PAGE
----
Tag: baby

Why is the Tdap Vaccine in Category C?

The Tdap vaccine is routinely recommended for all pregnant women, so why would it be in the FDA Category C?

The FDA has actually removed the pregnancy categories.

We should start by stating that “risk-benefit decisions regarding use of a drug during pregnancy are more complex than the category designations suggest.”

Why is the Tdap Vaccine in Category C?

Anyway, the category designations are no longer being used on new drugs and vaccines.

“In December of 2014, the FDA published the Content and Format of Labeling for Human Prescription Drug and Biological Products; Requirements for Pregnancy and Lactation Labeling, referred to as the “Pregnancy and Lactation Labeling Rule” (PLLR or final rule). The PLLR removes pregnancy letter categories – A, B, C, D and X. Instead, under the final rule, narrative summaries of the risks of a drug during pregnancy and discussions of the data supporting those summaries are required in labeling to provide more meaningful information for clinicians.”

Guidelines for Vaccinating Pregnant Women

So is it still Category C?

Yes, for now. Few vaccines have converted to the new labeling system yet, which still leaves us with:

  • Pregnancy Category B: Tdap (Boostrix) – Animal reproduction studies have failed to demonstrate a risk to the fetus and there are no adequate and well-controlled studies in pregnant women OR Animal studies have shown an adverse effect, but adequate and well-controlled studies in pregnant women have failed to demonstrate a risk to the fetus during the first trimester (and there is no evidence of risk in later trimesters).
  • Pregnancy Category C: Tdap (Adacel) – Animal reproduction studies have shown an adverse effect on the fetus and there are no adequate and well-controlled studies in humans, but potential benefits may warrant use of the drug in pregnant women despite potential risks OR Animal reproduction studies have not been conducted and there are no adequate and well-controlled studies in humans.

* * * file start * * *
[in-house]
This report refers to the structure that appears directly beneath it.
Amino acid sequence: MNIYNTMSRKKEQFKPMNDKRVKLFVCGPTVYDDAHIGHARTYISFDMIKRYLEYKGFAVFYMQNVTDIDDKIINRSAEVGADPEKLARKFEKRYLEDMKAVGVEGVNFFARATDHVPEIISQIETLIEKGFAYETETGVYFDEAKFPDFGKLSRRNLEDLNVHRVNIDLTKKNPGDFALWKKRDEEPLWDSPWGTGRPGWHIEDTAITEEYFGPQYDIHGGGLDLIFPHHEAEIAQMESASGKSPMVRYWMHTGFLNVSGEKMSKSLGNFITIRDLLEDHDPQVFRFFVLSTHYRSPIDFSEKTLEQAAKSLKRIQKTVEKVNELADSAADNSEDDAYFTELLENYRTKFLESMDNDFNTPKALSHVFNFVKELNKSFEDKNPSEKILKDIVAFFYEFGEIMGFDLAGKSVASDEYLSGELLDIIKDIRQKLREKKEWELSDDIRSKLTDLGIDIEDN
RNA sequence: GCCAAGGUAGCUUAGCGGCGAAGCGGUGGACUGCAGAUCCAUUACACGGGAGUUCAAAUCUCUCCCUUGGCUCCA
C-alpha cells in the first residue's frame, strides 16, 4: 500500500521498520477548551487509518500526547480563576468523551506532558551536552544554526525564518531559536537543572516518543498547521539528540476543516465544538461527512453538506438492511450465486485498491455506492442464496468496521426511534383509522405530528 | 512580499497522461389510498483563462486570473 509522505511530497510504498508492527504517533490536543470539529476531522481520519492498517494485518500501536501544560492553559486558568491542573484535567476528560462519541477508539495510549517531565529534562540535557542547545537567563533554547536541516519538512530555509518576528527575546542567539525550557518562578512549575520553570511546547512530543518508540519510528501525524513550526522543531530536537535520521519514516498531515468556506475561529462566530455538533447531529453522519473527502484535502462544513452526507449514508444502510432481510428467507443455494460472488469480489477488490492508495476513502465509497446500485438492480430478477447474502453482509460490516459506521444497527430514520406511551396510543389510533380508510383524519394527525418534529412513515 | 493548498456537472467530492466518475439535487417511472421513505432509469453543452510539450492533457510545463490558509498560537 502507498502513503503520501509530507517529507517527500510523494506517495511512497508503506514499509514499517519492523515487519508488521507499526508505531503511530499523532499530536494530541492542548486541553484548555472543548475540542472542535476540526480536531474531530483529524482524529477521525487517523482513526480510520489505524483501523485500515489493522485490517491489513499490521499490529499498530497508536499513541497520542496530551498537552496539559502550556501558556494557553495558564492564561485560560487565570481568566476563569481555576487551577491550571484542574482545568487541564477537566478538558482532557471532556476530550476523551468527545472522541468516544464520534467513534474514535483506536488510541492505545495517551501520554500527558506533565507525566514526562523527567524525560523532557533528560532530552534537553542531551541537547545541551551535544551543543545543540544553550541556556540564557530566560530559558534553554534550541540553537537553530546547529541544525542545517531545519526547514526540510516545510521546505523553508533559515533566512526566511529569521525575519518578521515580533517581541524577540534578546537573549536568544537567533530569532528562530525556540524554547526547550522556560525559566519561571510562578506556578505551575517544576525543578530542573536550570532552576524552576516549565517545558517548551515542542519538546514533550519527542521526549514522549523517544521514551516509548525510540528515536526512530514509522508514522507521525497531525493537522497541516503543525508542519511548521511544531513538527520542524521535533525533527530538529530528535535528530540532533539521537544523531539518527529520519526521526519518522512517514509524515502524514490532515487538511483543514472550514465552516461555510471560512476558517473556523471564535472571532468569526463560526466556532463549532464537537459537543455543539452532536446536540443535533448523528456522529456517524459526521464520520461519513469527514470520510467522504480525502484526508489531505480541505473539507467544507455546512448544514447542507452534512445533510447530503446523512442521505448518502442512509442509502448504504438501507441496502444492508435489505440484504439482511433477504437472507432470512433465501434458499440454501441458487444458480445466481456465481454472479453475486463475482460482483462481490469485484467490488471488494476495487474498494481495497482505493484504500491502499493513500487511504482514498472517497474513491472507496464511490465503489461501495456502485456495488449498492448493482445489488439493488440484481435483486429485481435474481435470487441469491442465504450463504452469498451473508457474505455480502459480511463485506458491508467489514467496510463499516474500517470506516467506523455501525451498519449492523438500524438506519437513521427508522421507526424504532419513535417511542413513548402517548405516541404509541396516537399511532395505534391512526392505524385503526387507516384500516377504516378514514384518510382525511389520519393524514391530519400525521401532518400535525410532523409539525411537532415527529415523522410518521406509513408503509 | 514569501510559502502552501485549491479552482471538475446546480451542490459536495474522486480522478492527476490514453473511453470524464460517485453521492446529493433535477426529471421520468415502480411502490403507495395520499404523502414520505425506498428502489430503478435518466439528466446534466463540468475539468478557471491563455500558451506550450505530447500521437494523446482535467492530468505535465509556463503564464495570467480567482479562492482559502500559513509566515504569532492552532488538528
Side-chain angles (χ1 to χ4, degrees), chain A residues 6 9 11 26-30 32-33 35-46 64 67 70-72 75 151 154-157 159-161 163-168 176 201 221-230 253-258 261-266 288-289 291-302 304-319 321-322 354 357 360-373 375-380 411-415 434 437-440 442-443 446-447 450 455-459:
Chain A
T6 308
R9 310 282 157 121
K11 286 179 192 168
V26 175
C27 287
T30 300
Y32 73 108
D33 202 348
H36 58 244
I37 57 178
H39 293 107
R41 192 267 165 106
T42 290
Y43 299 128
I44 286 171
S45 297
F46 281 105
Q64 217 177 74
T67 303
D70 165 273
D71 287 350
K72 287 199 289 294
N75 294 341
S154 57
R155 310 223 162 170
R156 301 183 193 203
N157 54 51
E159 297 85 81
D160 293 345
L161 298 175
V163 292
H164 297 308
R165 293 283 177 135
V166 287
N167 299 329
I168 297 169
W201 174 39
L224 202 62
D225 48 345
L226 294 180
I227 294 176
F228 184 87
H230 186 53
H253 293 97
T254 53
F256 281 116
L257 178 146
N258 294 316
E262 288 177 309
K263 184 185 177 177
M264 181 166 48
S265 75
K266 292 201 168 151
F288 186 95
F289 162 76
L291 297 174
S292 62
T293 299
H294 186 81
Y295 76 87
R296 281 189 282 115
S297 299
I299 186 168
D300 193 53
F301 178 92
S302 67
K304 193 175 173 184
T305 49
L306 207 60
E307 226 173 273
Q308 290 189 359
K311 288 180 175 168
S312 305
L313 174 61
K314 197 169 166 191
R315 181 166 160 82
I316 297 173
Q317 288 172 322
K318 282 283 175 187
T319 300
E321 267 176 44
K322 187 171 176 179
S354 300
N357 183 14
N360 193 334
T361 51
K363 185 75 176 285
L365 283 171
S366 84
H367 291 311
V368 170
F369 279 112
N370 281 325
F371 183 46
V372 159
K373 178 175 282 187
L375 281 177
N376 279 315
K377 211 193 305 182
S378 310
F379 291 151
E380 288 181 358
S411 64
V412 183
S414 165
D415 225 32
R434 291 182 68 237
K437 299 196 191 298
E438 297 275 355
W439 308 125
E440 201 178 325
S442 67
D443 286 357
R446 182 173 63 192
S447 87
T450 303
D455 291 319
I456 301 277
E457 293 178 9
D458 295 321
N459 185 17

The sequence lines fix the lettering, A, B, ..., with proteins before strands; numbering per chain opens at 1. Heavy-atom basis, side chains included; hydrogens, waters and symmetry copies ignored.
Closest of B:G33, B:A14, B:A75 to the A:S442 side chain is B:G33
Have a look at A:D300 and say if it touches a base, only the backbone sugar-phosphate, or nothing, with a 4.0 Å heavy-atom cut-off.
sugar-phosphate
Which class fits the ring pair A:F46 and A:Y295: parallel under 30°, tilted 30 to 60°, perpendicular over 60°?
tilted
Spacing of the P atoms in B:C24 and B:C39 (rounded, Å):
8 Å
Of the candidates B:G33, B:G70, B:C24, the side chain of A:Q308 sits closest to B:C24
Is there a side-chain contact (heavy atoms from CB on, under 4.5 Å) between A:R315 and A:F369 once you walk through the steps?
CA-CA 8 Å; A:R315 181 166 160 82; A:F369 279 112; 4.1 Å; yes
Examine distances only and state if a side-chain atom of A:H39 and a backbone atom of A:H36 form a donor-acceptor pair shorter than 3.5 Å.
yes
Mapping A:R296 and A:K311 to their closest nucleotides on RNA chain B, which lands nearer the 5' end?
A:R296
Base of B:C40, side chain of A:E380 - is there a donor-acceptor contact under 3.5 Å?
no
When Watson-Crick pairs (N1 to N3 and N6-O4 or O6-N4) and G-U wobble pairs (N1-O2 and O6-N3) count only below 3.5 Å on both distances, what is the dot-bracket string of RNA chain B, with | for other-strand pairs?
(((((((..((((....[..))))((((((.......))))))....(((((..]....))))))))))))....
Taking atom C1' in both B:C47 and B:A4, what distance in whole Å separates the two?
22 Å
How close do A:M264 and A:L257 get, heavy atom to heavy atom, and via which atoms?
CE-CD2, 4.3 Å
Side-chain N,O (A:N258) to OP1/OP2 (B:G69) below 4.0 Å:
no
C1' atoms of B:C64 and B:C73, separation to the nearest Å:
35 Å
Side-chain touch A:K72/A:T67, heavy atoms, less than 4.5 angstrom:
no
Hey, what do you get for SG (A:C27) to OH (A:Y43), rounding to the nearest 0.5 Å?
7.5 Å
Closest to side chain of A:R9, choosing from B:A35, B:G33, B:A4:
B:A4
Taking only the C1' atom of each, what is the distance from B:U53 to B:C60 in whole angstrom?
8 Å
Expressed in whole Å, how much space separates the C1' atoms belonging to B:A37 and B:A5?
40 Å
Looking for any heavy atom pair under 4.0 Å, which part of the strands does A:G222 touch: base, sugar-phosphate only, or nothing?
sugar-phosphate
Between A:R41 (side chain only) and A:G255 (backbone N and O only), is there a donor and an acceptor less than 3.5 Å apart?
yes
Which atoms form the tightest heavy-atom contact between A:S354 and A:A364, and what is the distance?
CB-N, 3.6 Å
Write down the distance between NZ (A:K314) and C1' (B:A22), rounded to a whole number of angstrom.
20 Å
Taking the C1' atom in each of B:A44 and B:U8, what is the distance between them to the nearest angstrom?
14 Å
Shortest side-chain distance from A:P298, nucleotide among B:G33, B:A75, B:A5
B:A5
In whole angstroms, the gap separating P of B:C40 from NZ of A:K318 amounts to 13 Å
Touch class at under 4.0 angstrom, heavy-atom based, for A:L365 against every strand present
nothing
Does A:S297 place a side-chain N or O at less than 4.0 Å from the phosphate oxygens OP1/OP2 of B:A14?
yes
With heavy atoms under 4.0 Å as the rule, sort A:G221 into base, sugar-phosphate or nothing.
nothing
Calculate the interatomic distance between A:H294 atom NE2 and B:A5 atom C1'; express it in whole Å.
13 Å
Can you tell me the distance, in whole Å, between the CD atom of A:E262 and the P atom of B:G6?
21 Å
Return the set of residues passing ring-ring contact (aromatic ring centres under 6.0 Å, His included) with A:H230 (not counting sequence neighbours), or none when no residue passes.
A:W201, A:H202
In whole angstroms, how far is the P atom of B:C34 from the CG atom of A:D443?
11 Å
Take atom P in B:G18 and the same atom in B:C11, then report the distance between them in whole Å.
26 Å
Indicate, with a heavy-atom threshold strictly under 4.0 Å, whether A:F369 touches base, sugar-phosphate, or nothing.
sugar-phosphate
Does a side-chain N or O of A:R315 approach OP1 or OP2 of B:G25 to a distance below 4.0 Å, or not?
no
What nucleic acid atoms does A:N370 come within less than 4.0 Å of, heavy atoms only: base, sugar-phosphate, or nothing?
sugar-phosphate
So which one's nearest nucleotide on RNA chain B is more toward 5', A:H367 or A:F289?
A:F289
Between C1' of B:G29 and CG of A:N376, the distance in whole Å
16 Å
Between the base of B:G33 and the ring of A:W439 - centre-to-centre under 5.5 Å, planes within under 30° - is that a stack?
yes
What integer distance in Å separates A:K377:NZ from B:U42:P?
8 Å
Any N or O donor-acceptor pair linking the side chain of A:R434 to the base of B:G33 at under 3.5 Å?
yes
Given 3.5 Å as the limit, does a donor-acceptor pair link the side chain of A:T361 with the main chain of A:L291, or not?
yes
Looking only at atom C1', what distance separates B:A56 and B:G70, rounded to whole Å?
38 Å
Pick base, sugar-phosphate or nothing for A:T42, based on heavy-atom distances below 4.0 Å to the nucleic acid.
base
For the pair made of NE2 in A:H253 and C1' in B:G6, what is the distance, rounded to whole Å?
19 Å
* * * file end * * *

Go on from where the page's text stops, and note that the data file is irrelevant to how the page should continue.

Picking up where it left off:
Of course, the Vaccine Safety Datalink has published more than 14 studies “related to pregnancy and vaccination during pregnancy” and has used “data to study the health of children born to women who were vaccinated during pregnancy.”

And many of these studies are about the Tdap vaccine!

“There are no theoretical or proven concerns about the safety of the Tdap vaccine (or other inactivated vaccines like Tdap) during pregnancy. The shot is safe when given to pregnant women.”

Frequently Asked Questions for Pregnant Women Concerning Tdap Vaccination

This will likely be reflected when we get new labels for these vaccines, with wording that makes it clear that Tdap vaccines are safe in pregnancy.

what to know about the tdap vaccines and their category c designation

Tdap vaccines still have a Category C designation simply because their labels haven’t been updated to reflect the latest safety studies.

More on Tdap Vaccines and Category C

What Are the Recommended and Minimum Ages and Intervals Between Doses of Vaccines?

Most parents likely don’t think about the minimum age or minimum intervals between vaccines, as they just get their kids vaccinated according to the routine immunization schedule.

Things don’t always go according to schedule though…

Recommended and Minimum Ages for Vaccines

After their birth dose of the hepatitis B vaccine, your baby’s next vaccines are usually at two months.

Can you get them earlier?

When necessary, many vaccines can be given earlier and faster than the standard schedule.
When necessary, many vaccines can be given earlier and faster than the standard schedule.

Yes. The minimum age for the first dose of rotavirus, DTaP, IPV, Hib, Prevnar, is 6 weeks.

Some other vaccines can be given earlier than their recommended age too, including:

  • the first MMR vaccine, which can be given as early as age 6 months in certain high risk situations, like traveling out of the country or in an outbreak situation, although this dose will have to be repeated once the child is 12 months old
  • the 4th dose of DTaP, which can be given as early as age 12 to 15 months, as long as at least 4 to 6 months have passed since the third dose
  • the 2nd dose of Varivax, which may be given as early as 1 to 3 months after the first dose
  • the Tdap vaccine, which can be given as early as age 7 years, instead of the more typical 11 to 12 years
  • the HPV vaccine, which can be given as early as age 9 years, instead of the more typical 11 to 12 years

Why would you get a vaccine early?

What if you are going to be traveling just before you infant is going to be 2 months old? Or your 9 year old stepped on a rusty nail, and it had been just over 5 years since his last tetanus (DTaP) shot?

Recommended and Minimum Intervals for Vaccines

In addition to earlier ages, you can sometimes get vaccines more quickly, on an accelerated schedule.

For example:

  • the minimum interval between the 1st and 2nd dose of rotavirus, DTaP, IPV, Hib, Prevnar is 4 weeks, instead of the standard 2 months
  • the minimum interval between the 2nd and 3rd dose of rotavirus, DTaP, IPV, Hib, Prevnar is 4 weeks, instead of the standard 2 months